Make a weak acid solution with vinegar or muriatic that you can immerse the entire pipe in, add a little salt and a dash of sugar or little bit of anti freeze. Apply the positive electrode of your battery charger to the copper pipe. Attach the negative electrode of your batter charger to any kind of scrap metal and stick the scrap in the solution not touching the copper pipe. The weak acid will turn blue as it begins dissolving the copper and it's oxides and the pipe will start coming clean. The scrap will form a heavy layer of brown gunk as it attempts to electroplate itself so knock the crap off it once in a while. Keep at it, the pipe will soon sparkle.

Don't do this with soldered metals, will leach the tin out of the solder in very short order.


Excellent! I'll give that a try........



I know this is an old post and it doesn't look like Minime has been on since May so hopefully someone else can lend some advice.. Has anyone tried this electroplating the green oxidation from inside a pipe.

Perhaps I should tell you what I am up against. The three inch pipe I have has a hard layer of green oxidation inside. The pipe was removed from an older house and it was the vent stack for the gas water heater. I suspect the buildup is a combination of heat / moisture / open air flow to the elements and a byproduct of burning NG for a period of maybe 30 years.. Not chemicals.

Things I have tried
Coarse steel wool ziptied to a dowel rod and chucked in a drill, used both dry and wet. Also used an abrasive powder called Barkeepers friend. Didn't work.

Soaked in a 50/50 vinegar / water and a pinch of salt bath overnight. It made the outside shiny and somewhat loosened up the oxidation inside the pipe. However I don't have all decade to wait on it.

Dropped a railroad spike in the solution hooked to the negative on a 6v battery and pipe to the positive. Not much of a change overnight. The wall of the pipe closest to the spike was cleaner though.


Idea...

Make a trough barely wider and taller than the pipe. Immerse the pipe in the mild acid solution and place a length of iron reinforcement bar through the center of the pipe resting it's ends on wooden blocks so as not to touch the pipe. Negative to the reinforcement bar and positive to the pipe. However this time I plan to use a 12v battery charger. The question is on what setting?


Oh BTW. Very nice site you guys have here. I have been reading and lurking for about 4 months now getting all the reading done. And to tell you the truth i probably don't know the 10th of it... :( ... Anyways. Thanks for the help. Everything is appreciated. :D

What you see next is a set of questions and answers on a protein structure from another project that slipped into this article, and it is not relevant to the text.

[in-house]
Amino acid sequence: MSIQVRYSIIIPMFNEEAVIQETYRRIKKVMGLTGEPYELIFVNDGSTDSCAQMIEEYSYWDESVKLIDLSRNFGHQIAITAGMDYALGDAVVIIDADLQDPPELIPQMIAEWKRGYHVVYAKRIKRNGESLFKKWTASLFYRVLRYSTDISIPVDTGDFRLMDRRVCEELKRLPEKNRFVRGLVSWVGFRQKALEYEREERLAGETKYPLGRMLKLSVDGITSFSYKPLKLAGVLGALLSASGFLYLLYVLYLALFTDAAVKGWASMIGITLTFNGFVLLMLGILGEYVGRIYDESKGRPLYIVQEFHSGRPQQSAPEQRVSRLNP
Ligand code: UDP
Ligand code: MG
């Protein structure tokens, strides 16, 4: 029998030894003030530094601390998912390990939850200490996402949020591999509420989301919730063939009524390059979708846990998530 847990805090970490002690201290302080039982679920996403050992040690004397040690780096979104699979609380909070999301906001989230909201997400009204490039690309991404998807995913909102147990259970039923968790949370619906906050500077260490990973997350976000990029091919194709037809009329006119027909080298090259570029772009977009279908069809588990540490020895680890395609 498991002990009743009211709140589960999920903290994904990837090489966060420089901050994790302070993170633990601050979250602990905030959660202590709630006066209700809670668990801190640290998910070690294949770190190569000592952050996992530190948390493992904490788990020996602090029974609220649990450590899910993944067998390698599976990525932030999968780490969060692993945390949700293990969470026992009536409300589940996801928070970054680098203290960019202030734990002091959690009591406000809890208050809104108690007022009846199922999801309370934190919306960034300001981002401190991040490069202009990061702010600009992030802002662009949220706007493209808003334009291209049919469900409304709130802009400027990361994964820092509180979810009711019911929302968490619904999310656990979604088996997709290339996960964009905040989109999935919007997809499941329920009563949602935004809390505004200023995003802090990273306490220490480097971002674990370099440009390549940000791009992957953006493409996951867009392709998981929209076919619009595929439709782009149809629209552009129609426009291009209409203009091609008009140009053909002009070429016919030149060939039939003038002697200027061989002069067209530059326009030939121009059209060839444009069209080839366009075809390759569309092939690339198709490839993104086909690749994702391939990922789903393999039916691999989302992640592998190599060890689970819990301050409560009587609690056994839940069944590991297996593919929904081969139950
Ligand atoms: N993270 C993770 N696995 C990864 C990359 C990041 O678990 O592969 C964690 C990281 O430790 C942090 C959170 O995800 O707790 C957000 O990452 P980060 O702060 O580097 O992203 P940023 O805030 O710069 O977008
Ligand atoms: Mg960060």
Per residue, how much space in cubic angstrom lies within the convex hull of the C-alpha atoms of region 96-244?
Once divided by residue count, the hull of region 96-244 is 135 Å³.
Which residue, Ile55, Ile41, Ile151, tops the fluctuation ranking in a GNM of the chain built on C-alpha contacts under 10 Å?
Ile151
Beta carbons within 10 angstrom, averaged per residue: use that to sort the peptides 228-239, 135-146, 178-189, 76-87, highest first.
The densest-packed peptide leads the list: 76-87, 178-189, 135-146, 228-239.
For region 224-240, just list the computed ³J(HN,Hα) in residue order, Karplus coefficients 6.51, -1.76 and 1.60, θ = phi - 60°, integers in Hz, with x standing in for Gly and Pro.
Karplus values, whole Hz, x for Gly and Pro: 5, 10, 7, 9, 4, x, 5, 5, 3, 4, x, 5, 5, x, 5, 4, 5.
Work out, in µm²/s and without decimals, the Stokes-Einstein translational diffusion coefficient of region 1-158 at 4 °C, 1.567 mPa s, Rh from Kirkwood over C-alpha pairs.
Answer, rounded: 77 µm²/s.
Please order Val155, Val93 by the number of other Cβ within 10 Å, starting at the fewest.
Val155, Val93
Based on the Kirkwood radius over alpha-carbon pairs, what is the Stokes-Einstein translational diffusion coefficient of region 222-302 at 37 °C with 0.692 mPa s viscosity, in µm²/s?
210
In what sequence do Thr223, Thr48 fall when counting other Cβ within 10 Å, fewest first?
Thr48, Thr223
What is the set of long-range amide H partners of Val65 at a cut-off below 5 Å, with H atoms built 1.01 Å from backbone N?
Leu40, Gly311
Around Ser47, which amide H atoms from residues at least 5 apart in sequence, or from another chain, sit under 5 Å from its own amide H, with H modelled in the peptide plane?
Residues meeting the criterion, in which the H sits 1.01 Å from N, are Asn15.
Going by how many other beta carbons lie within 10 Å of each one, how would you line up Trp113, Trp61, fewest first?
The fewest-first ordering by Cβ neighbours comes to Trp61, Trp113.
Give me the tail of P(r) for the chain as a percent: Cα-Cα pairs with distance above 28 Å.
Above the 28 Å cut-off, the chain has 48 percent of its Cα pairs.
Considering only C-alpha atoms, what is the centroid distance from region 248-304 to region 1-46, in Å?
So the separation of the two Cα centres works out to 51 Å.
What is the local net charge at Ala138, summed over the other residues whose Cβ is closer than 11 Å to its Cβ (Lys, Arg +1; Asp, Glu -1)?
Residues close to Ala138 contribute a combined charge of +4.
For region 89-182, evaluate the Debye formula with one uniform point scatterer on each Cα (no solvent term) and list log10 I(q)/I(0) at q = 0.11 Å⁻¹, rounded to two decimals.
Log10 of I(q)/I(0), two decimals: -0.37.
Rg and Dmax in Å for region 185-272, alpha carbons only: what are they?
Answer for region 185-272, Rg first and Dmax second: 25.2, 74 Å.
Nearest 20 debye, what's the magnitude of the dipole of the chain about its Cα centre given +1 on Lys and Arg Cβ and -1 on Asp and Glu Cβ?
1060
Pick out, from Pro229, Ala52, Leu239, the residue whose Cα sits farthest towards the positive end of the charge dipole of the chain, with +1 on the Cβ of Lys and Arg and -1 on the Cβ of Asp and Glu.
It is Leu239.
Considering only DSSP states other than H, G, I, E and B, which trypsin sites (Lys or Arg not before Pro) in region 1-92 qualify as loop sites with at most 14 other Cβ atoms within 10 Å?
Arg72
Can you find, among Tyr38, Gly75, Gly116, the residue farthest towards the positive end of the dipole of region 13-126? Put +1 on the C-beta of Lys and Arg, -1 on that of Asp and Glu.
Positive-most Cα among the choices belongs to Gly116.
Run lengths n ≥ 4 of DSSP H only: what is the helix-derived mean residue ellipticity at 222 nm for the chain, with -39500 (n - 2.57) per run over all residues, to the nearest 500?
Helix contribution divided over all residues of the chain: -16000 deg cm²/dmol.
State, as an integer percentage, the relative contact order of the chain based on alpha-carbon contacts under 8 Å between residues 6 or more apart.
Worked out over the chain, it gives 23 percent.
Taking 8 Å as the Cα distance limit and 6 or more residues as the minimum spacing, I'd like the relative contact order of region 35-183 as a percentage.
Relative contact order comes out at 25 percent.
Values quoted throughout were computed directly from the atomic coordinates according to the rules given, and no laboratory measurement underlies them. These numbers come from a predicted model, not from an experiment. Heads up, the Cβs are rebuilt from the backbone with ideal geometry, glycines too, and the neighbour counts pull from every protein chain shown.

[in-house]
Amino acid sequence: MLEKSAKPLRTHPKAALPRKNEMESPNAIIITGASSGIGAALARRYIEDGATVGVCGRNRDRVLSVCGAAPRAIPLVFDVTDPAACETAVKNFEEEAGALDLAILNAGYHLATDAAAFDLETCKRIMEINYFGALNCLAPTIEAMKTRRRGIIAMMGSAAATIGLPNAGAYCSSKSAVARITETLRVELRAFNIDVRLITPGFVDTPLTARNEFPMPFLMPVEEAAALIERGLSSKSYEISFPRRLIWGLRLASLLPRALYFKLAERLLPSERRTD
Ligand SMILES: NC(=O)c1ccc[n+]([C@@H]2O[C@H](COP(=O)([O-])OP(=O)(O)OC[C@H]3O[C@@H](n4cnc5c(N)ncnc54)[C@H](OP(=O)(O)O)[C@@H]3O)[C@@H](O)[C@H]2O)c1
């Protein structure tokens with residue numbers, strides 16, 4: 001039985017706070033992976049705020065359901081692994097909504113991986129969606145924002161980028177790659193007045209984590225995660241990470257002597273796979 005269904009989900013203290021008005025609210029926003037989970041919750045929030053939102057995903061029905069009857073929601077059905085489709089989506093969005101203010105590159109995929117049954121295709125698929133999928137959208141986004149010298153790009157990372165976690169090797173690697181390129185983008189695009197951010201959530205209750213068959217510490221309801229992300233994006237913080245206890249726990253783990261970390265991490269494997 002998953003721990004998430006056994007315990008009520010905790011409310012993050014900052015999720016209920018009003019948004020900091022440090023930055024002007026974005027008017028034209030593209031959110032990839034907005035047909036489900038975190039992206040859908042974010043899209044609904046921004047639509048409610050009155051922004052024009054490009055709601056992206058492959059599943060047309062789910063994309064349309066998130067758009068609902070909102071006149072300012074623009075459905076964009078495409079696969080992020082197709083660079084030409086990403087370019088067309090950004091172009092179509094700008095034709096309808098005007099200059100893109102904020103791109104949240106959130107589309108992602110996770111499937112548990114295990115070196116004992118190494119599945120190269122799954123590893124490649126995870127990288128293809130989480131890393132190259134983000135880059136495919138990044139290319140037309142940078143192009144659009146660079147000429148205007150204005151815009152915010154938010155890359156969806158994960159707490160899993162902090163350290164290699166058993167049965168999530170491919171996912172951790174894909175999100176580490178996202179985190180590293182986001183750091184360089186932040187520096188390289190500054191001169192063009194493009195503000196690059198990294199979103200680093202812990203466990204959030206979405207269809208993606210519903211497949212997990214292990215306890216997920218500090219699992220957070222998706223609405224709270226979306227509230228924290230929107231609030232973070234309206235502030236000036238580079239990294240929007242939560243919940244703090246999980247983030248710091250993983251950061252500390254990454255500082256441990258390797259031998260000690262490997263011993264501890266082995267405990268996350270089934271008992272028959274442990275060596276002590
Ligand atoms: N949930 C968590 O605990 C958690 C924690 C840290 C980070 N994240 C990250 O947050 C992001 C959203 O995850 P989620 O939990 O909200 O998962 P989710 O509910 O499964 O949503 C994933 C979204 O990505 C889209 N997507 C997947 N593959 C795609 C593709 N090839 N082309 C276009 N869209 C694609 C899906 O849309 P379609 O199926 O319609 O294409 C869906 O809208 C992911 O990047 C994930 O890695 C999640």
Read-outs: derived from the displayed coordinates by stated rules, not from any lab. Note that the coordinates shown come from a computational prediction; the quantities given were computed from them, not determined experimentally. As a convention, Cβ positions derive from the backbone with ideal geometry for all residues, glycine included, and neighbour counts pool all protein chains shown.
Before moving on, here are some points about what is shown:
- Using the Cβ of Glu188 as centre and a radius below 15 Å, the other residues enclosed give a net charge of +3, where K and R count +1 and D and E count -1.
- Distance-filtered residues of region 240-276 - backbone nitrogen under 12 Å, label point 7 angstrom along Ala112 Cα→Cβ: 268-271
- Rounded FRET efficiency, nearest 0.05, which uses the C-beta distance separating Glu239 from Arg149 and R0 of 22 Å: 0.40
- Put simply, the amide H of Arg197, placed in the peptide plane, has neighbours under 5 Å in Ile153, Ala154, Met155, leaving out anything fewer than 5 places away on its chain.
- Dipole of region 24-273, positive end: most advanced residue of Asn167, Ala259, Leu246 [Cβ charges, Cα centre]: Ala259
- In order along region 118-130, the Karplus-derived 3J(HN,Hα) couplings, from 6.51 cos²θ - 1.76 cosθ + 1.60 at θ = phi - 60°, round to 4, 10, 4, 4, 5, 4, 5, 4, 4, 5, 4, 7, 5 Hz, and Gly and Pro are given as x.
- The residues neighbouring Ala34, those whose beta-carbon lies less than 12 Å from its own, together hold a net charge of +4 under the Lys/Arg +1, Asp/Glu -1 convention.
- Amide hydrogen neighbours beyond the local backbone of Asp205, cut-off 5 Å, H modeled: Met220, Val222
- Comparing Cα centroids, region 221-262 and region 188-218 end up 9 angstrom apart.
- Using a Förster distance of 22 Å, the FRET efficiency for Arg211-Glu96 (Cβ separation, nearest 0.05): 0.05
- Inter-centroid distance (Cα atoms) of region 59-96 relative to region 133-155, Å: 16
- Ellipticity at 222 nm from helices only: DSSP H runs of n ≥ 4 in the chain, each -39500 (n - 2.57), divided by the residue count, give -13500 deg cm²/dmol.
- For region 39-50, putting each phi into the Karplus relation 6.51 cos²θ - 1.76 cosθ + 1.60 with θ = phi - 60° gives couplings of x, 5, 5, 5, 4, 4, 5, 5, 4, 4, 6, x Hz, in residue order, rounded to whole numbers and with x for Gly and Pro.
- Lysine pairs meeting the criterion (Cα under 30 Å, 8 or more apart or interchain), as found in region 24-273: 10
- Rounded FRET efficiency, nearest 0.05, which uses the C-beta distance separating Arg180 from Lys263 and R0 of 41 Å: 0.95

jackalope
Novice
 
Posts: 3
Joined: Tue Jul 06, 2010 2:07 pm

Re: CLEAN COPPER PIPE

Postby NineInchNails » Wed Jul 07, 2010 10:35 am

jackalope wrote:
minime wrote:
Ugly wrote:cleaning stubborn copper totally clean is possible.

Make a weak acid solution with vinegar or muriatic that you can immerse the entire pipe in, add a little salt and a dash of sugar or little bit of anti freeze. Apply the positive electrode of your battery charger to the copper pipe. Attach the negative electrode of your batter charger to any kind of scrap metal and stick the scrap in the solution not touching the copper pipe. The weak acid will turn blue as it begins dissolving the copper and it's oxides and the pipe will start coming clean. The scrap will form a heavy layer of brown gunk as it attempts to electroplate itself so knock the crap off it once in a while. Keep at it, the pipe will soon sparkle.

Don't do this with soldered metals, will leach the tin out of the solder in very short order.


Excellent! I'll give that a try........



I know this is an old post and it doesn't look like Minime has been on since May so hopefully someone else can lend some advice.. Has anyone tried this electroplating the green oxidation from inside a pipe.

Perhaps I should tell you what I am up against. The three inch pipe I have has a hard layer of green oxidation inside. The pipe was removed from an older house and it was the vent stack for the gas water heater. I suspect the buildup is a combination of heat / moisture / open air flow to the elements and a byproduct of burning NG for a period of maybe 30 years.. Not chemicals.

Things I have tried
Coarse steel wool ziptied to a dowel rod and chucked in a drill, used both dry and wet. Also used an abrasive powder called Barkeepers friend. Didn't work.

Soaked in a 50/50 vinegar / water and a pinch of salt bath overnight. It made the outside shiny and somewhat loosened up the oxidation inside the pipe. However I don't have all decade to wait on it.

Dropped a railroad spike in the solution hooked to the negative on a 6v battery and pipe to the positive. Not much of a change overnight. The wall of the pipe closest to the spike was cleaner though.


Idea...

Make a trough barely wider and taller than the pipe. Immerse the pipe in the mild acid solution and place a length of iron reinforcement bar through the center of the pipe resting it's ends on wooden blocks so as not to touch the pipe. Negative to the reinforcement bar and positive to the pipe. However this time I plan to use a 12v battery charger. The question is on what setting?